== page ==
by William H. Chafe Oxford University Press Photographs, 436 pages, $13.95
The history of the civil rights movement, William Chafe says, has been told mostly in terms of its highlights—Brown vs. the Board of Education, Little Rock, Selma, et cetera. In his new book he focuses instead on the attitudes and changes in one Southern city over a period of thirty years—1945 to 1975. His city is Greensboro, North Carolina, where four scared college students sat down at the lunch counter of the local Woolworth’s on February 1, 1960, asked to be served, and stayed sitting when they were refused.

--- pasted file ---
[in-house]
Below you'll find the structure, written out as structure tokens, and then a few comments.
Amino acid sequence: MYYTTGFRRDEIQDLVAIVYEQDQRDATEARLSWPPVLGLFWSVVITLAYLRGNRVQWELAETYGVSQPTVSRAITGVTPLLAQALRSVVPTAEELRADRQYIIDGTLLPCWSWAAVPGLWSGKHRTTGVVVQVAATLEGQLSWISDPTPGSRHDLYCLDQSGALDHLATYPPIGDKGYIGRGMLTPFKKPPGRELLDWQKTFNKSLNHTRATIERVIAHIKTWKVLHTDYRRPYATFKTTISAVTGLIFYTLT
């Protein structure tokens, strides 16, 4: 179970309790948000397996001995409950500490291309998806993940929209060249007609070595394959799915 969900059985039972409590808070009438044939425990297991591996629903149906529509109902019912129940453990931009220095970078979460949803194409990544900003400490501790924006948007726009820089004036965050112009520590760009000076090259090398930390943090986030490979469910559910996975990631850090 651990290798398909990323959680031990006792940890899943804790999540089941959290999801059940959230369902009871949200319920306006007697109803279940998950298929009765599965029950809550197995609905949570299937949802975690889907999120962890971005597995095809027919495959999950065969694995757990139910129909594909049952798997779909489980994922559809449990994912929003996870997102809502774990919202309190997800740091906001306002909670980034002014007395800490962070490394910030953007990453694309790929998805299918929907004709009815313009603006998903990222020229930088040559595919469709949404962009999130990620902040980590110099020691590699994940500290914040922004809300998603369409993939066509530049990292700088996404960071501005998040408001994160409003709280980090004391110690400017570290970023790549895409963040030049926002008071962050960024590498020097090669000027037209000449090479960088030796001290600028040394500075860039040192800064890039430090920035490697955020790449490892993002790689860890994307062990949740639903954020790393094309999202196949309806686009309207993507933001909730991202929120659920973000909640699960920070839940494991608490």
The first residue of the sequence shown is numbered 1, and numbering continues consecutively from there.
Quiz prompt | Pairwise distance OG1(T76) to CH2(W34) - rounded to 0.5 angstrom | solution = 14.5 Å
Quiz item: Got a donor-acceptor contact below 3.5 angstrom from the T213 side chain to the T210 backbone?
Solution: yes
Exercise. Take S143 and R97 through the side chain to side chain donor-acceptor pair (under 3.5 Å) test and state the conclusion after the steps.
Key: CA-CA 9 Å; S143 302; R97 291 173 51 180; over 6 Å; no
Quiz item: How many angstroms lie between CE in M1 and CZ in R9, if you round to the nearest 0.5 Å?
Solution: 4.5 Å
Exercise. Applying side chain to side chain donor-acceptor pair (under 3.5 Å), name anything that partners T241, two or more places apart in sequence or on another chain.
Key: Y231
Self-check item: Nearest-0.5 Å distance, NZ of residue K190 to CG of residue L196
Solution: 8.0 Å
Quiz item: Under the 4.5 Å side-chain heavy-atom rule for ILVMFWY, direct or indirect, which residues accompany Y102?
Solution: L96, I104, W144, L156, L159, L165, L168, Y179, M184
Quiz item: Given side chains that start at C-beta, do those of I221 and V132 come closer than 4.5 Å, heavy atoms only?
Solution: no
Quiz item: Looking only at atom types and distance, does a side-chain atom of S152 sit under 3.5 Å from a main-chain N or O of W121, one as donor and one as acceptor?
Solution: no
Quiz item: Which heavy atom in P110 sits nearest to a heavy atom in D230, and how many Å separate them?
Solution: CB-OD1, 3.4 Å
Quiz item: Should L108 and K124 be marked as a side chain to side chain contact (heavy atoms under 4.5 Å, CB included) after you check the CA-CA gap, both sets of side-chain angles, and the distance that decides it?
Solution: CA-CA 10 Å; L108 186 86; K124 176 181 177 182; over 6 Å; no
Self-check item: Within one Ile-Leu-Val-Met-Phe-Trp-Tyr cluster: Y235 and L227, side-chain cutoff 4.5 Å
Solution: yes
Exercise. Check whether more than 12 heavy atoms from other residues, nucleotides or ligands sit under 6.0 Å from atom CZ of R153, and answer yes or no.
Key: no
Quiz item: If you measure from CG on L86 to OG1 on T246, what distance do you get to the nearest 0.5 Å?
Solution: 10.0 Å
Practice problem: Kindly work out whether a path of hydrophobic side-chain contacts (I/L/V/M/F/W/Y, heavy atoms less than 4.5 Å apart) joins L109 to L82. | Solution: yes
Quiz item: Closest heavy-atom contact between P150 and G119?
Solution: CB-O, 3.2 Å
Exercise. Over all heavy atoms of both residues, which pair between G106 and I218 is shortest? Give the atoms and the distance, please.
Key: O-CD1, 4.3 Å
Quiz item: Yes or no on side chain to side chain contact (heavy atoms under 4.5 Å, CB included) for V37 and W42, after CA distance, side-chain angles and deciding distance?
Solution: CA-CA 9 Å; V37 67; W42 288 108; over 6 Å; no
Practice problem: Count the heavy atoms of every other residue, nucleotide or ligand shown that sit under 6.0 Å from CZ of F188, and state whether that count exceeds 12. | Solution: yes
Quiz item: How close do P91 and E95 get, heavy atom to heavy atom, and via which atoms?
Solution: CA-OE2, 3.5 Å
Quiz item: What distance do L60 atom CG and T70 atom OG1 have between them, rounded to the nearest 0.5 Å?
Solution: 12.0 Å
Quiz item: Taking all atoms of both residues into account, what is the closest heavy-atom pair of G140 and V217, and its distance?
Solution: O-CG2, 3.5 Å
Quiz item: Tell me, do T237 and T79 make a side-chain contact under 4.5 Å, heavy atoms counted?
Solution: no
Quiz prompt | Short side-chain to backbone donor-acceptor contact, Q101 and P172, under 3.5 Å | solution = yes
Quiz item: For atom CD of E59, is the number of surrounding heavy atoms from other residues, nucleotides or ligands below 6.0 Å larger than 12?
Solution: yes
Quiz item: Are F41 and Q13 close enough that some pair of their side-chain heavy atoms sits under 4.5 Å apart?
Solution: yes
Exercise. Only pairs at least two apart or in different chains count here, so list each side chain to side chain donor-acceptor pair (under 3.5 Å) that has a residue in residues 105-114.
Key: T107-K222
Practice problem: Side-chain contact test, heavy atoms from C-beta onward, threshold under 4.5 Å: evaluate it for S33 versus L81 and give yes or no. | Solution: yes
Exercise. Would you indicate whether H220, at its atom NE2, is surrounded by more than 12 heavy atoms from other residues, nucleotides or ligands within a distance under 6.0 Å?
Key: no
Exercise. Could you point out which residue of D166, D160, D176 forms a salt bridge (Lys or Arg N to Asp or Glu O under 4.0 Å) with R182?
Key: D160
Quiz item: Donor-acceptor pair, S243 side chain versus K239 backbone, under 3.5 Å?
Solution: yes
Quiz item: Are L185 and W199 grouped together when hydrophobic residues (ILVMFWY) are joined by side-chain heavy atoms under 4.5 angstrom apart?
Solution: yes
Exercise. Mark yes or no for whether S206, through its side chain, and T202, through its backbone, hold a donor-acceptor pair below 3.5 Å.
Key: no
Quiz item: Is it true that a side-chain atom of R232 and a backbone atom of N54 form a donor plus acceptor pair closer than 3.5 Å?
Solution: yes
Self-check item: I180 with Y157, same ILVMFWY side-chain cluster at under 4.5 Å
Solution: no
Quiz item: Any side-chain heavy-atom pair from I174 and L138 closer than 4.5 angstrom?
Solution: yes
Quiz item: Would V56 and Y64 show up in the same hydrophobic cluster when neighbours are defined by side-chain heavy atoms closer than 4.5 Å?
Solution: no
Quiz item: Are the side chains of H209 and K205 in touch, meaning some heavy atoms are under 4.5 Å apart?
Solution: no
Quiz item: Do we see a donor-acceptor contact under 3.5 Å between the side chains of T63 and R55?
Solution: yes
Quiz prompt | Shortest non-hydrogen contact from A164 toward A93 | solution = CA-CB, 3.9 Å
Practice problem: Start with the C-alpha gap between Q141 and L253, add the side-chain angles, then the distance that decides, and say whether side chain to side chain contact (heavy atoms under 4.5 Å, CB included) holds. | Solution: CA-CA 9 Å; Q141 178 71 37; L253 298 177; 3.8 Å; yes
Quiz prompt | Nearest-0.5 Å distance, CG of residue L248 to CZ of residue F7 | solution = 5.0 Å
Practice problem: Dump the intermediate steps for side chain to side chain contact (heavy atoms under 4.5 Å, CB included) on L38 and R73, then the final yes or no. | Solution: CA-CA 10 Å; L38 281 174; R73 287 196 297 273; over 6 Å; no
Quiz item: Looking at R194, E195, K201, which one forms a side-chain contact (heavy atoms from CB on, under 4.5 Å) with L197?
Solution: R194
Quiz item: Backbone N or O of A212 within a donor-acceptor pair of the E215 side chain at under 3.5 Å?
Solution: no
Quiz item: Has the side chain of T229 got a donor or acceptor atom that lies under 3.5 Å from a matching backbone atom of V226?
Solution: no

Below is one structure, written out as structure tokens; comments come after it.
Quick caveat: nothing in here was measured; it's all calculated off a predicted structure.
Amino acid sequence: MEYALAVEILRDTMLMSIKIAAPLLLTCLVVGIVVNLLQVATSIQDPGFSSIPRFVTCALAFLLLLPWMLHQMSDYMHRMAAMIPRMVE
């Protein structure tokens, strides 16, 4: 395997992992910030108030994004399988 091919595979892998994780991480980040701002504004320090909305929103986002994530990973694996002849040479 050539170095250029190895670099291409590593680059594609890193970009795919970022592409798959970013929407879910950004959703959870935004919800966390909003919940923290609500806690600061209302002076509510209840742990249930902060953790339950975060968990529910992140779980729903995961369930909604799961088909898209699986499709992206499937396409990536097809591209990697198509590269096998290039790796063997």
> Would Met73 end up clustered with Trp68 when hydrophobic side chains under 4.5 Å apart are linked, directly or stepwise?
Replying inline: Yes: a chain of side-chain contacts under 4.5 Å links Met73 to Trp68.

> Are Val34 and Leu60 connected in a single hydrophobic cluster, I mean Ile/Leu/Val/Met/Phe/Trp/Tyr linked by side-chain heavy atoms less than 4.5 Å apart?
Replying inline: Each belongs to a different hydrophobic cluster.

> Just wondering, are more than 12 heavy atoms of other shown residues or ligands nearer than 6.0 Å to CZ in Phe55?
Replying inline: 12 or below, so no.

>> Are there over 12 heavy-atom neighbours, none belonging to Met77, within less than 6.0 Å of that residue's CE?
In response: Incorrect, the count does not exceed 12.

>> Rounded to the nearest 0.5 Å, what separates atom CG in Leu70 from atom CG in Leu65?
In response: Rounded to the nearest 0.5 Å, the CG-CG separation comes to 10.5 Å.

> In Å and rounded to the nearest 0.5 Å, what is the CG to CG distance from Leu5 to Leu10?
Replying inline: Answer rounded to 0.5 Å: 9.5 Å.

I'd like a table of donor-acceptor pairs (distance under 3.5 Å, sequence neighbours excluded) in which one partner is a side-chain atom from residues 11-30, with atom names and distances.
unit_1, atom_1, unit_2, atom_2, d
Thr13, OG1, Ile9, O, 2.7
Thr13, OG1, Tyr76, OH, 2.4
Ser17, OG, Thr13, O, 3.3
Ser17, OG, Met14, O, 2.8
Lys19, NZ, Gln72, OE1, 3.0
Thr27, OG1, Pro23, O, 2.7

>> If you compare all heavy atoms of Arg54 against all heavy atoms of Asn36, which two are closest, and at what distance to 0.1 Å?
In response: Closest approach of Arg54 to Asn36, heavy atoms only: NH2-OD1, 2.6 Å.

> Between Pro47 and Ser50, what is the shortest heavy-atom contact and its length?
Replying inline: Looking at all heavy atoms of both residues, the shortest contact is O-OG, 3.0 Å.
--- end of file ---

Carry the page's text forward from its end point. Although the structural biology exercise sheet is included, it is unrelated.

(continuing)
Greensboro considered itself a civil, harmonious city. There had never been a lynching there. Whites took pride in the good manners they exhibited toward blacks. To the blacks it was a “nice-nasty town” where civility was offered in place of action. The Greensboro school board, true to the city’s “progressive mystique,” waited only one day after the Supreme Court desegregation ruling to vote to comply with the new law. But seventeen years passed before Greensboro actually desegregated its schools; it was one of the last cities in the South to do so.
Using dozens of oral histories, mostly interviews with blacks, to supplement the written record, which is mostly white, Chafe has constructed a sensitive account of how a Southern city tried to stifle black protest and evade the law.